There were some pleasant aspects of the opening day of the 2022 season for the home team arriving early on Sunday afternoon. The sun shone brightly, the wind whispered, the ground was resplendent, there was a John Floyd tea to enjoy and there was the anticipation of a few runs to be gathered or wickets to be taken. West Indian superstar, Carlos Braithwait must have been thinking much the same when he debuted for Knowle and Dorridge CC. He took no wickets, was the most expensive bowler, was out first ball and had his car stolen. Middleton’s day was, by a small margin, a little better.
After the toss was won there were a few murmurs of “good choice Skipper” as Middleton strapped on pads to face a Bicester side which looked a good blend of youth and experience. Pitch marker for the day Howard Lancaster opened with Eliot Barton and for five overs nothing unusual happened. Eliot was to be undone by an unexpected straight ball from lively opening bowler Watt, which sent bails both East and West allowing debutant Matt Carpenter to join Howard. Slowly some runs accumulated, the opening bowlers were replaced and some of Bicester’s younger bowlers came onto bowl. That the first ball to Howard, described here in his own words, “ was outside the leg stump in line then swung to outside the off” showed that the younger bowlers would find the right pace and line to make scoring difficult on a sluggish pitch. At 30 - 1 Middleton were still in the game.
Often when patience has been the watchword it is the bad ball which gets the wicket, Matt was well beaten to be bowled, but Howard turned a leg side long hop into the hands of a grateful square leg. A newly slimline, Stevyn “svelt” Jackson and Tim Riley added just another 15 runs between them, Jamie Lumb contributed a promising 14 more while Max Langdale scampered a precious 6. Two of the wickets to fall were somewhat careless run-outs. Youngest player in the team, Gus Floyd was hoping to face his fathers bowling, but the chance was snatched away as Middletons final four wickets fell with the minimum of resistance. It had taken only 32 overs so Bicester were given 20 mins to bat before tea. This giving the added bonus of allowing John Floyd time to boil the kettle, set out the plates and iron the tea towels.
It would need an early breakthrough if Middleton were to have any chance. Bicester sent out two of their stronger batters to open and were soon making the chase look easy. Neither Rob Barton nor Asif Kamal caused significant problems, despite Rob’s finger tip deflection onto the bowler’s stumps which was the closest to wicket that Middleton would come. Gus Floyd bowled two respectable overs either side of tea. Eliot Barton let fly for one over, including one very good yorker, but was played comfortably. The Captain bowled a steady over of spin and with 23 runs still required threw the ball to Seril Shah, a renowned stand- breaking bowler. It was to be the last over of the 10 that Bicester had needed.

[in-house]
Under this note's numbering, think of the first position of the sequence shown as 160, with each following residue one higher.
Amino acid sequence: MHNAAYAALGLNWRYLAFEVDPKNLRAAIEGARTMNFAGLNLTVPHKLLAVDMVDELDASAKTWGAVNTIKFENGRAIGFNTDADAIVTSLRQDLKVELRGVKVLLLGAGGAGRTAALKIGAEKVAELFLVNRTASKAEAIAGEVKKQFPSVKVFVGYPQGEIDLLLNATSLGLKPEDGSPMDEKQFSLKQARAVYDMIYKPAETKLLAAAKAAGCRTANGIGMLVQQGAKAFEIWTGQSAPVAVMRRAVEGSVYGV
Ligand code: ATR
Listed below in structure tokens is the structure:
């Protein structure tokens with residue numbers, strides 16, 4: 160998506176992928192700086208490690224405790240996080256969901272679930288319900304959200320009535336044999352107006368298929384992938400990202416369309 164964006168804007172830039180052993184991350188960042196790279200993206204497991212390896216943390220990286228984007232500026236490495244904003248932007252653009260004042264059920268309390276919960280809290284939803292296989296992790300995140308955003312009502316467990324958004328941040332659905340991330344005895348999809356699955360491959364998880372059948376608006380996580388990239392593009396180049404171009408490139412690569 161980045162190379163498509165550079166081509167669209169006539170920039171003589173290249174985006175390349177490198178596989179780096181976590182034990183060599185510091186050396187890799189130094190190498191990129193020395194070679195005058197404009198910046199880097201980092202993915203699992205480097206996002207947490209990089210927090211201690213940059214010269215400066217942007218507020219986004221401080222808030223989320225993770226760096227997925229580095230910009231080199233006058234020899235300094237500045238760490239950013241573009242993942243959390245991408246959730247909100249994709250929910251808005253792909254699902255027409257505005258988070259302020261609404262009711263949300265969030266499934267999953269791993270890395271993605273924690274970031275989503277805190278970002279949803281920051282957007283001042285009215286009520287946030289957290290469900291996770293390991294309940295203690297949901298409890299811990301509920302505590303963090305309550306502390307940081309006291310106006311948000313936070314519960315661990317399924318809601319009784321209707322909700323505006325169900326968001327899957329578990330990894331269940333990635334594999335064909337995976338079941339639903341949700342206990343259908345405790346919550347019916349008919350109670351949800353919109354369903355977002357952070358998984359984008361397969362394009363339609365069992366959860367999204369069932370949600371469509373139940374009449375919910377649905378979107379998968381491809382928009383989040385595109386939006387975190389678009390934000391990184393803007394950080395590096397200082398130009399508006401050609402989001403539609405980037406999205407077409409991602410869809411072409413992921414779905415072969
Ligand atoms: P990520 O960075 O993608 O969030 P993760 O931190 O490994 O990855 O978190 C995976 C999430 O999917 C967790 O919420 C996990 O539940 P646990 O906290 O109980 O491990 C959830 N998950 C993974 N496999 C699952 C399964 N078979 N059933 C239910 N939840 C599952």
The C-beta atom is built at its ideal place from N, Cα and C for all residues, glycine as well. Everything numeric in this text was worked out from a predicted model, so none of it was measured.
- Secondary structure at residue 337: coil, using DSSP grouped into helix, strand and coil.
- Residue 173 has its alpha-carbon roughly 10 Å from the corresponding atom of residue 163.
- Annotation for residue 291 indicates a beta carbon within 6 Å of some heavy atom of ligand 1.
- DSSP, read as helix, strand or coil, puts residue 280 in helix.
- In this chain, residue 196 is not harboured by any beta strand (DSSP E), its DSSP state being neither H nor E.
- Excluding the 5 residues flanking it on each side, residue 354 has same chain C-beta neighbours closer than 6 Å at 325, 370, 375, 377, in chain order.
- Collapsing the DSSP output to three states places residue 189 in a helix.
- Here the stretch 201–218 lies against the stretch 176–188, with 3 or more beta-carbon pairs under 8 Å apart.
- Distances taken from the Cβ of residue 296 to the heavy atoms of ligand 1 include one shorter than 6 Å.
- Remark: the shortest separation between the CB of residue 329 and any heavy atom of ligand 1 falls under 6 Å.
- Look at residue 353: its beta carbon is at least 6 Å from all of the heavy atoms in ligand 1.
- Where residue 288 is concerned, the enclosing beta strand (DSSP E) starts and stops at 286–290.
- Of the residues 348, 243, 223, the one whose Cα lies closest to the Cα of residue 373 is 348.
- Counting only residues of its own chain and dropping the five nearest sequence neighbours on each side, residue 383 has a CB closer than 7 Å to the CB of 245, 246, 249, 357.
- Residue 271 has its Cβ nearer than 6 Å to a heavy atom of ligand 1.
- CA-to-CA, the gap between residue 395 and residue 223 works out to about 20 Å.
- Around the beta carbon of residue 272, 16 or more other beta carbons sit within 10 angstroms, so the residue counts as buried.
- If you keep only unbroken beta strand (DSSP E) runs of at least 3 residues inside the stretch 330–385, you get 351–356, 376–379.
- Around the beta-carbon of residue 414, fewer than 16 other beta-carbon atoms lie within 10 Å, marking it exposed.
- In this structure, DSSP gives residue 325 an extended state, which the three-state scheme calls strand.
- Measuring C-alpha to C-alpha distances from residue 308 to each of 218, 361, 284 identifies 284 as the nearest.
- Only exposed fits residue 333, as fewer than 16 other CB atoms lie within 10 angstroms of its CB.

Richard Lumb umpired amicably all afternoon and Chris Greer tallied the scores, for which the team is eternally grateful. Middleton stalwart, Sathya Vadivale skippered the visitors to victory and for the second successive season was on the victorious team in the first match.
With spectators piling into the ground and young players keen to play on, a 10 over match of 12 a side was arranged to fill in the void before the bar and barbeque would be in full swing. The home captain devised a format that would give the home team a chance of revenge. The teams were to bat in order of age, youngest first, and all players were to bowl on over, if they were capable.
This time Bicester batted first. Two of the earlier bowling tormentors came in to bat. Being well coached they commenced playing themselves in. Seril took first over and conceded a single, indeed after 24 of the 60 balls on offer Bicester had yet to reach 10.Gus Floyd again bowling a steady line and length. Stevyn Jackson was denied a first wicket for the club, when Sam Norley spilled a catch at square leg, ( the sun at 5.00 in April being particularly bright as it dips over the pavilion. For balance's sake, Sam was denied a first wicket when Stevyn failed to hold onto a chance at slip. With Asif also spilling a chance at gully it looked as if Middleton would play two matches and fail to take any wickets. Eventually two did fall, the run rate picked up and Middleton were set 50 to win.
Gus being the youngest, faced first ball, not from his father, but from his younger brother. You can play many years before getting a king pair on the same day. Gus is made of stern stuff, the king pair was avoided, he picked up a couple and gave the more aggressive Eliot Barton the strike for the second over. Eliot fell to a catch at mid-off, Gus was bowled making room, and Max stumped in a flurry of action in the next three overs. Matt Carpenter ignored the carnage and became the only player to reach the retirement score of 20 setting up the prospect of an easy win. The unexpected wicket of Jamie Lumb roused the older players from their deck chairs trying to work out who was the next youngest. They needn’t have bothered as Sam struck the winning blow with nine balls to spare.
With some honour salvaged the teams retired to bar and barbecue, thanks to Seril, Howard, Peter and Jamie for their efforts. Net practice is on Wednesday evening, I hope to see a few more players there.